Shares of Bombardier, Inc. (TSX:BBD.B) were up as much as 25% on Wednesday as investors reacted positively to two major events. First, it announced that it was cutting 7,000 jobs in an attempt to turn profitable. This represents almost 10% of its entire workforce. Second, it signed a letter of intent with Air Canada for the airliner to buy at least 45 CSeries jets. While it’s not a firm order, the deal is valued at roughly $3.8 billion.
For a company that’s teetering on the brink of insolvency, this could be a lifesaver.
Perception is shifting
Billionaire investor George Soros is famous for his ideas surrounding what he calls reflexivity. In popular culture, most people refer to this as a self-fulfilling prophecy; once something is set in motion, it often will help perpetuate a certain outcome. For companies like Bombardier, which are burning cash and need to rely on outside financing to keep the company afloat, this is a very important concept.
According to the U.S. aviation consultancy firm Leeham Co., Bombardier will lose $32 million on each of the first 50 CSeries aircraft it builds, guaranteeing the project as a cash drain until at least 2018. To be able to afford ramping up production, the company would need to spend approximately $1.6 billion in total. With the company posting billion in losses each quarter, it will need to rely just as much on investor sentiment than the long-term viability of its business, as it will need to go back to the market several times to ask for additional financing.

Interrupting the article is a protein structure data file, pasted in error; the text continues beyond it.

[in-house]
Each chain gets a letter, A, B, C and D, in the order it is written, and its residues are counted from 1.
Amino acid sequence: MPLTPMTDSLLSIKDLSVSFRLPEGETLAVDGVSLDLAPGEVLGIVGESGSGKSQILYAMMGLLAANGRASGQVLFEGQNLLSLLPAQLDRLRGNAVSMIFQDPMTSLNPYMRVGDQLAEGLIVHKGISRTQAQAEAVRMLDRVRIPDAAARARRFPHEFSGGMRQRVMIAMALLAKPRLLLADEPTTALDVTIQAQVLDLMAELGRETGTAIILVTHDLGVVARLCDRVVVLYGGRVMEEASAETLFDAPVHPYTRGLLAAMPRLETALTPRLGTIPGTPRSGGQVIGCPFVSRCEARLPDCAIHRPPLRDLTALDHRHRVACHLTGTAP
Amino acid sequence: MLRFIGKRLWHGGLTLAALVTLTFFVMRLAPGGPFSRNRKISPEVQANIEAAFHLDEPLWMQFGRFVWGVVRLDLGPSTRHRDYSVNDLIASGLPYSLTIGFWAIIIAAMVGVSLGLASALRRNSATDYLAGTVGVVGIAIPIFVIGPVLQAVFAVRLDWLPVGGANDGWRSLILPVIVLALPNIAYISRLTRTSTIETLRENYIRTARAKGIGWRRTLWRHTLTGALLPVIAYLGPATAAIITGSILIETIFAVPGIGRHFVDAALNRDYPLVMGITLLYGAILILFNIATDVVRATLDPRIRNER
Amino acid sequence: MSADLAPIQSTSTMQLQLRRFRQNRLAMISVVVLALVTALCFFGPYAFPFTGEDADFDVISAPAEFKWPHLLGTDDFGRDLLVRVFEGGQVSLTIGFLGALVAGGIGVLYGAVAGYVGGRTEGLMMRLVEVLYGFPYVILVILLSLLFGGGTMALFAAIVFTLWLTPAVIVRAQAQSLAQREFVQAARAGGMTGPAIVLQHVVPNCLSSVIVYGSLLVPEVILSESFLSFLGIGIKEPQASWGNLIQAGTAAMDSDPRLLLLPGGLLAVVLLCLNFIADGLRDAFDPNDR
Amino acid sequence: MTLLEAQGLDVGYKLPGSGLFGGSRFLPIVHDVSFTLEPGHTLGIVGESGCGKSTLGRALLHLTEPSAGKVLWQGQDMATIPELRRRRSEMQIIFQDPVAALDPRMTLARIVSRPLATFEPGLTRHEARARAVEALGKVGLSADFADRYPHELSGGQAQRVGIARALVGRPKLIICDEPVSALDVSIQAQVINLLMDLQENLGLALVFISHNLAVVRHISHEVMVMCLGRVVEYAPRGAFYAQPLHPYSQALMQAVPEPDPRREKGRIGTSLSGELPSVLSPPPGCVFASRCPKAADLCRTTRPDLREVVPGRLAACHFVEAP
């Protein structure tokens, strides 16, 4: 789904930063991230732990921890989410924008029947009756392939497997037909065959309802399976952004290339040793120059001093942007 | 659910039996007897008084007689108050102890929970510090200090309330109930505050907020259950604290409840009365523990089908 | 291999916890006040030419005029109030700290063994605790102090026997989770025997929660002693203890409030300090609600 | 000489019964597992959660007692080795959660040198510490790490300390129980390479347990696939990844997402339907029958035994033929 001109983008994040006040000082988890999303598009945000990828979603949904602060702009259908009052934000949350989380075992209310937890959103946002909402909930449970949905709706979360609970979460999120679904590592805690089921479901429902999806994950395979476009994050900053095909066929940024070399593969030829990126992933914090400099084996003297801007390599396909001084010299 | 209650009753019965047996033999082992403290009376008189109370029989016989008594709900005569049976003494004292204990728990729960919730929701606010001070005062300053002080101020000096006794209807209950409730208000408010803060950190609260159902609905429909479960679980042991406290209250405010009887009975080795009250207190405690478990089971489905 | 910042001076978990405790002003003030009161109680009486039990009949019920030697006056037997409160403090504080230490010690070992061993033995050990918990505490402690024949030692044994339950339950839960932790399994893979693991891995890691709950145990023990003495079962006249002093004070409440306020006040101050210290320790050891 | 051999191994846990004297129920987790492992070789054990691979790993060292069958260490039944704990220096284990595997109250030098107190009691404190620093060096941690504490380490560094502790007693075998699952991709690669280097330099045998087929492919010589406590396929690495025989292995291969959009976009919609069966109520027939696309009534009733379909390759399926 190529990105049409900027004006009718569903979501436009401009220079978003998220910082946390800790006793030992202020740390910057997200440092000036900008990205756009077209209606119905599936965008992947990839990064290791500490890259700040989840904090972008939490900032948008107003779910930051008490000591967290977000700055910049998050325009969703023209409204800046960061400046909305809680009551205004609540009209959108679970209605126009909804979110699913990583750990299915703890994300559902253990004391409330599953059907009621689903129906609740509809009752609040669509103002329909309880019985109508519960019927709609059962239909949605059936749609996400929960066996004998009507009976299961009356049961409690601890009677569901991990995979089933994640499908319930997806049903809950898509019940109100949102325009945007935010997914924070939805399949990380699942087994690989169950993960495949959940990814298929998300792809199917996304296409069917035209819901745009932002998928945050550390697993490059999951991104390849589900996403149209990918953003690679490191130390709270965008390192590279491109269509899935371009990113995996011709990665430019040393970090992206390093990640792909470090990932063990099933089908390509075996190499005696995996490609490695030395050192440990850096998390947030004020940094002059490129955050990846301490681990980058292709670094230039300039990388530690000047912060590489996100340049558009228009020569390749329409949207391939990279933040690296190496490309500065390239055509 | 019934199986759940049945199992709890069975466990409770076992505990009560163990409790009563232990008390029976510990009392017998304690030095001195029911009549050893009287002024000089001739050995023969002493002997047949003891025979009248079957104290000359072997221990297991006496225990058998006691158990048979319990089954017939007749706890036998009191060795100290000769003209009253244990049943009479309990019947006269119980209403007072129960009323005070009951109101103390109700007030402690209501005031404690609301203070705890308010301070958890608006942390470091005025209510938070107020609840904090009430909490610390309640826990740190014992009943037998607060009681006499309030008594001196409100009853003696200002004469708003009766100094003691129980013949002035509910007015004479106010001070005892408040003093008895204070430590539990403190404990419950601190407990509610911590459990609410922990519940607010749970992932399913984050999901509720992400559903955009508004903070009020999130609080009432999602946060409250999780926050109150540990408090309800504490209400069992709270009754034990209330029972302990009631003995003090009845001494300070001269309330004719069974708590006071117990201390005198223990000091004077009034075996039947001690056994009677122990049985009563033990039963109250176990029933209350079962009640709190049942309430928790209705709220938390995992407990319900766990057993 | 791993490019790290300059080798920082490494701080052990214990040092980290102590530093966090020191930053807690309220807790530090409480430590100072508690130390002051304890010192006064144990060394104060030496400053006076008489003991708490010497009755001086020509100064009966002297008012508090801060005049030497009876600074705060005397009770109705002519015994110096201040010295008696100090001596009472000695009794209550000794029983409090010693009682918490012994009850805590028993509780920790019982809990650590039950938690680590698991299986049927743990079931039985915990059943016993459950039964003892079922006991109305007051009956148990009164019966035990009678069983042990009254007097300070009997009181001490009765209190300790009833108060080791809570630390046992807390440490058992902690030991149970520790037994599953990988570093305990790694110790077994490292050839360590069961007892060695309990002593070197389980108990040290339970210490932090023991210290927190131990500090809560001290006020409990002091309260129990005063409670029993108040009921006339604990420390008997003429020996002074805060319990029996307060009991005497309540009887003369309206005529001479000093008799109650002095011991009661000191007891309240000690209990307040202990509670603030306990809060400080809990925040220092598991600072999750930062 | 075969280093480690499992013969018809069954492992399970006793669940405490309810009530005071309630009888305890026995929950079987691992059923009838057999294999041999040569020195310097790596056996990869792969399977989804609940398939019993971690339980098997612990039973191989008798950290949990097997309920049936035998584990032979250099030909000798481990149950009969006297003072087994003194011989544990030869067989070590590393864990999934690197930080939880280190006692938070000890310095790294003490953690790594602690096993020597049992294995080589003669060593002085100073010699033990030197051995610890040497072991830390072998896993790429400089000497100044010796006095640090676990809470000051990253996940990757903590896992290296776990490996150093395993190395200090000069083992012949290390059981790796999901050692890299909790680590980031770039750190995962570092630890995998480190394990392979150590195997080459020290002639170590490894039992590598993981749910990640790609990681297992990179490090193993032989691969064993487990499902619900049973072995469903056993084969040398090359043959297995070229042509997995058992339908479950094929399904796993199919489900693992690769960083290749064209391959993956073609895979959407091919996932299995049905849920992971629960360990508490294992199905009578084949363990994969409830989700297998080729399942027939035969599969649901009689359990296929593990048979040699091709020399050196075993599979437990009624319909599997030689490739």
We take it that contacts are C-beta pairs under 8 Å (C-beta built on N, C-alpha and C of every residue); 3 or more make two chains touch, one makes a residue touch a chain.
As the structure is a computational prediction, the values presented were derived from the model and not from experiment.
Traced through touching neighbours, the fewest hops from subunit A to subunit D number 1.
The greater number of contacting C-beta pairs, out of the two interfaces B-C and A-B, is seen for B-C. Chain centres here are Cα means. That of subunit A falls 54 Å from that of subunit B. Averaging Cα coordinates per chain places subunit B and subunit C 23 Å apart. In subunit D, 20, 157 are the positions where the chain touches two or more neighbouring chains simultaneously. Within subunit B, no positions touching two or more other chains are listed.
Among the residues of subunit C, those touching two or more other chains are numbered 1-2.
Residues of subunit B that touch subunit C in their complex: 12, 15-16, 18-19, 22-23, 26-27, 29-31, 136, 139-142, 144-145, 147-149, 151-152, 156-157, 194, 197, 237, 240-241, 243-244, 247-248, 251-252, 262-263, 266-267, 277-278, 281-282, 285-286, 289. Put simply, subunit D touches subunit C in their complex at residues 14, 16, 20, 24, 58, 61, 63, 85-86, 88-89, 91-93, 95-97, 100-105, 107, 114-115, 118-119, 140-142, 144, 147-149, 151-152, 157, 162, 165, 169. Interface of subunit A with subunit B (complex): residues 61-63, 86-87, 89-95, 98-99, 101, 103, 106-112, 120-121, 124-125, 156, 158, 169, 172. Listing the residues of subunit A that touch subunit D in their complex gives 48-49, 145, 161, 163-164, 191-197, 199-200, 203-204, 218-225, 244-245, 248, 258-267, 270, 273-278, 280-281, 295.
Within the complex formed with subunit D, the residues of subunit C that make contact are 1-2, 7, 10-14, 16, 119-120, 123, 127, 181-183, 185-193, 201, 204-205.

Last year, Quebec said it would invest $1.3 billion in Bombardier’s CSeries jet line in return for a near 50% stake in the project. This will likely be just the first of many financing rounds.
Soros’s concept of reflexivity comes into play because falling investor sentiment can create a self-fulfilling prophecy. If the share price gets battered, the company can’t raise as much money selling stock. If the debt market perceives a greater risk, it may ask for higher interest rates, which would crush a company right when it needs financing most.
With Bombardier’s stock down over 90% in the past year and few institutions left willing to invest in its projects, the company needs the market to become more confident in its long-term potential if it wants to continue operating. This week’s news of a new major order may do just that.
The CSeries may find further demand
Management has been insistent that its struggling CSeries jet line will eventually find plenty of buyers. Following the Paris Air Show in June, the company stated that interest in its CSeries jet from would-be buyers was “overwhelming.” They also said that Bombardier saw “heightened interest and sales discussions with marquee airlines who are starting to see what this aircraft will do for them.”
Today, Bombardier has firm orders from 14 different airlines. The latest $3.8 billion letter of intent from Air Canada shows that management may have been right all along.
While there are still plenty of financing hurdles to go, perhaps investor sentiment is shifting enough to reopen financing options for the company. It may keep the company running long enough for it to sell some of its highly valued assets.
Reports last year said that Bombardier rejected a proposal by Beijing Infrastructure Investment for a 60-100% ownership stake of Bombardier Transportation, valuing the unit for as much as $8 billion. Beijing Infrastructure’s reported offer values Bombardier Transportation at 10.4 times next year’s EBITDA.
If Bombardier is able to make it out of this mess alive, there’s no doubt that this week marked a major turning point.